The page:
THE FALL OF LISA BELLOW tells the story of the fallout after an armed robbery at a sandwich store. Meredith Oliver is a 13 year old girl who randomly decides to stop at a neighborhood deli after school one day. When she gets there, she finds that Lisa Bellow, the most popular girl in the school (and, truth be told, a bit of a mean girl) is also there. Much to her shock, a masked man enters the shop and demands for her and Lisa to drop to the floor. He then grabs Lisa and takes off in a car while leaving Meredith behind.

Meredith is, of course, deeply affected by the crime. While physically she is fine, her mental state is a bit of a mess; and she winds up spending most of her time in her room... not wanting to discuss what happened. Her parents, Mark and Claire, are relieved that their daughter is still with them; however, they struggle with trying to help their daughter heal. Meanwhile, Meredith is trying to come to terms with her own version of survivor's guilt; and she escapes to an imaginary world to help her cope.

THE FALL OF LISA BELLOW really does a wonderful job of delving into the dynamics of a family who is facing a tragedy, so it's no surprise that I adored this book. (I do love me a good story about a dysfunctional family!) I absolutely loved the characters in this novel as well as how fully developed they were. Truly, THE FALL OF LISA BELLOW is a very special and thought-provoking book.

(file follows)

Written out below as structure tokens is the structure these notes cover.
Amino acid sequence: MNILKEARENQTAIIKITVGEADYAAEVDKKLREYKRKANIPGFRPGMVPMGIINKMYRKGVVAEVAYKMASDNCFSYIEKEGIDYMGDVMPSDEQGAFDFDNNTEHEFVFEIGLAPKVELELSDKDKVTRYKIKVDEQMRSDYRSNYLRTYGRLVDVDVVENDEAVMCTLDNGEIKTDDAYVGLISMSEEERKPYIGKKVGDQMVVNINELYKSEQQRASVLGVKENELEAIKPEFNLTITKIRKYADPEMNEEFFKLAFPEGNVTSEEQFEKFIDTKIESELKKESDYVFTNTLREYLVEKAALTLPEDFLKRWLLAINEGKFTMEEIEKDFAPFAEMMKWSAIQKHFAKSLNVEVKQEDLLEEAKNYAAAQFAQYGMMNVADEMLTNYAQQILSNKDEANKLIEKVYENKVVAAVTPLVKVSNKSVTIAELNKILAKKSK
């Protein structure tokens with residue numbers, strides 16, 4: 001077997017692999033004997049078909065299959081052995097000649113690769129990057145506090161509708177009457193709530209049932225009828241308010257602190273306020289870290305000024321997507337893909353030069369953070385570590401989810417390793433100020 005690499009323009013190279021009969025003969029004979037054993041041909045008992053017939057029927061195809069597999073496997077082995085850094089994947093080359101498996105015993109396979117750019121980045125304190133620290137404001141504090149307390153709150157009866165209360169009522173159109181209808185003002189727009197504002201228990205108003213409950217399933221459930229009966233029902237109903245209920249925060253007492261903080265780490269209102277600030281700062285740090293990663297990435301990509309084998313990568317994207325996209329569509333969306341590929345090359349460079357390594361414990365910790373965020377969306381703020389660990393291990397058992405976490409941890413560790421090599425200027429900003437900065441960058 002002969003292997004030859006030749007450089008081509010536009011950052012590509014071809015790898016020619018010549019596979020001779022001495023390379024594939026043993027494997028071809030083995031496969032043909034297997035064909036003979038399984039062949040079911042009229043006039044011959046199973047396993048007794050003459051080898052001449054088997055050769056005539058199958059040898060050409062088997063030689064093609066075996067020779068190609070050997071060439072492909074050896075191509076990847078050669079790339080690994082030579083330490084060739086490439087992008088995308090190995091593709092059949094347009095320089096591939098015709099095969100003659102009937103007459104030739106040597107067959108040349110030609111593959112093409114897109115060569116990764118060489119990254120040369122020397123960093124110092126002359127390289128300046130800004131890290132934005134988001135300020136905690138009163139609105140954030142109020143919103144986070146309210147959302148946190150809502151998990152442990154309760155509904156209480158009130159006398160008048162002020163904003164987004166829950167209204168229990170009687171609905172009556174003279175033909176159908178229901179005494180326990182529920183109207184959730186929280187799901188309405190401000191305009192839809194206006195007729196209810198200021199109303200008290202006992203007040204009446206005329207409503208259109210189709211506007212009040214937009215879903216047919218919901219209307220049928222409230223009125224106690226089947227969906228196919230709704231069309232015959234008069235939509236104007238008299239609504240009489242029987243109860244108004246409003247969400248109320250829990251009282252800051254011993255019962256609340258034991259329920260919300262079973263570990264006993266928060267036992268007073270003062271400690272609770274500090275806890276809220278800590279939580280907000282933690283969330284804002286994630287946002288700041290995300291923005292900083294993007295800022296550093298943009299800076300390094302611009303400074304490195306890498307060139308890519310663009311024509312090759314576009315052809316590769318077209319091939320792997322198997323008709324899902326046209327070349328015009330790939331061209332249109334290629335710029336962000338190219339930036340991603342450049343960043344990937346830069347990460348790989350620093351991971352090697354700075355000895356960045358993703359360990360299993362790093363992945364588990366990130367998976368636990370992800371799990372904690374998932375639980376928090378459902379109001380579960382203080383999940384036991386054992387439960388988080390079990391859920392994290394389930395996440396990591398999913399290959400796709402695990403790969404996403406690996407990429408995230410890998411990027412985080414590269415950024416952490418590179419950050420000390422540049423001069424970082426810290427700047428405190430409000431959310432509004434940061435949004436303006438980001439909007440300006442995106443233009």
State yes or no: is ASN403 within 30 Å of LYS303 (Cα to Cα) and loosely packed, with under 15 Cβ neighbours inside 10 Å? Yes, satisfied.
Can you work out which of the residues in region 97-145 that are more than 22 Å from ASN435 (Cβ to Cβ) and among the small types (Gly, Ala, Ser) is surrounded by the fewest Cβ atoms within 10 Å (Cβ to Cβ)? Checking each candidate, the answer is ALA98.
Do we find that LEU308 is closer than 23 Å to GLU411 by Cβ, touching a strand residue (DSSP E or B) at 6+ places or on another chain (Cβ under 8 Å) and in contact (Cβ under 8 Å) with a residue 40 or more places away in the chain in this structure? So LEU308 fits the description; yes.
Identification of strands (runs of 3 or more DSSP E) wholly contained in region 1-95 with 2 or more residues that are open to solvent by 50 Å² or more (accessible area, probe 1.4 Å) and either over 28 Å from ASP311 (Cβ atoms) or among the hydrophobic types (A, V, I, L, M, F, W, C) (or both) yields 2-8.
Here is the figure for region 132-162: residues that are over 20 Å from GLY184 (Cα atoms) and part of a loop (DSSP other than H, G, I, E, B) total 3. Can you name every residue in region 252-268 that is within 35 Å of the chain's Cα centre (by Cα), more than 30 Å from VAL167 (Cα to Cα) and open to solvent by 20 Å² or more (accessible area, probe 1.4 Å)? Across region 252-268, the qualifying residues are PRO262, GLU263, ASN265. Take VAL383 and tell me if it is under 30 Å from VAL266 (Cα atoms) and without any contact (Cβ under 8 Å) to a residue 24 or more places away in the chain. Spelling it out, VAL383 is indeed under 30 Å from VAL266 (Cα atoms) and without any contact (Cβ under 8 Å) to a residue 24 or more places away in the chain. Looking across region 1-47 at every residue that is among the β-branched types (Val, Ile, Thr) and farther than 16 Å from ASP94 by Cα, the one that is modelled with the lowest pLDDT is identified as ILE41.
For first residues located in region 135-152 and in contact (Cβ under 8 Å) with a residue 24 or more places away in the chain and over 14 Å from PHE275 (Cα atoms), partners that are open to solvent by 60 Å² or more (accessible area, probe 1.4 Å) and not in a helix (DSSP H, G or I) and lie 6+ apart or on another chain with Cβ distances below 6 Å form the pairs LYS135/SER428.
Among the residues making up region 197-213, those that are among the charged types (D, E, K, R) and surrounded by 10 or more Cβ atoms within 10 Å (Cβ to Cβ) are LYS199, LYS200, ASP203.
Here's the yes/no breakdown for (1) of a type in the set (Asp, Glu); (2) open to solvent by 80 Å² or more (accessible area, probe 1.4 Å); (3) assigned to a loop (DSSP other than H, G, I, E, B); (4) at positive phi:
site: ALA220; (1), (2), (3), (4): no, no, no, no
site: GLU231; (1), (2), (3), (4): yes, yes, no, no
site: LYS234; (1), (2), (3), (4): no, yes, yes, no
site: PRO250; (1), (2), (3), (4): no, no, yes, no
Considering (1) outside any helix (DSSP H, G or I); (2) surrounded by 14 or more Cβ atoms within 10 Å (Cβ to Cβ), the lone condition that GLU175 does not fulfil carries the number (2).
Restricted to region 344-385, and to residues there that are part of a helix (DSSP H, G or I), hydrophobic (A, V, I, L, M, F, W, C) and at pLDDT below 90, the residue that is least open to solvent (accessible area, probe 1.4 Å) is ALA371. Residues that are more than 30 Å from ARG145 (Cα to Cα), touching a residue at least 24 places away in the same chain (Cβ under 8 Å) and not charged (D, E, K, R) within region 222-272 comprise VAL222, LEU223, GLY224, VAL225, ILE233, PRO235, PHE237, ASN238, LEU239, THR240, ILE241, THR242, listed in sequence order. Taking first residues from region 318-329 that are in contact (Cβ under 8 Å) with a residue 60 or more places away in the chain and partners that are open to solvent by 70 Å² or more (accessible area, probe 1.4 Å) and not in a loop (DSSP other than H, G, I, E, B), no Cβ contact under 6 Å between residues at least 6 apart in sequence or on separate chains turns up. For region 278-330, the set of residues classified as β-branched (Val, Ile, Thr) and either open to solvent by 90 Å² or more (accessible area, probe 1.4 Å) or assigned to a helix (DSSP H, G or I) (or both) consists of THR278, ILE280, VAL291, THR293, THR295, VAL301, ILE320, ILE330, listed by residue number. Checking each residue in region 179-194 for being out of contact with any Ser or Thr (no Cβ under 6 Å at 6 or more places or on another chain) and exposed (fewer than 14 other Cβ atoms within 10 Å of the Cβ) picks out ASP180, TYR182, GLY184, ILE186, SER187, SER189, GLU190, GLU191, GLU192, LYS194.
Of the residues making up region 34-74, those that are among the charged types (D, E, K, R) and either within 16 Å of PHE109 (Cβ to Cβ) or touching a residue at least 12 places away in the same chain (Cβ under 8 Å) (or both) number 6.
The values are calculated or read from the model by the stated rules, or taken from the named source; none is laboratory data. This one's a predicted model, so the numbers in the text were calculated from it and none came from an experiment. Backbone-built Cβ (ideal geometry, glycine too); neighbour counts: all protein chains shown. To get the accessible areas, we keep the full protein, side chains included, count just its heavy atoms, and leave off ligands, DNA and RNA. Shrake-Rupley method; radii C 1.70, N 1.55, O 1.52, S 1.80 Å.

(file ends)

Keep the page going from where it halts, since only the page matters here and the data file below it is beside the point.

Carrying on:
First and foremost, I found the character of Meredith to be extremely well-written. I love the basis for this novel -- what happens to the girl who's left behind, and I thought Ms. Perabo did a stellar job in bringing Meredith's character to life. I found her to be extremely realistic and her mechanisms for coping with the tragedy almost haunted me with their desperation.

I also really liked Meredith's brother and her father Mark. As is the case in any family, when something happens to one person, it affects everyone. I found the way the author portrayed these two men to be so true, and it was very interesting to see how each one of them dealt with Meredith.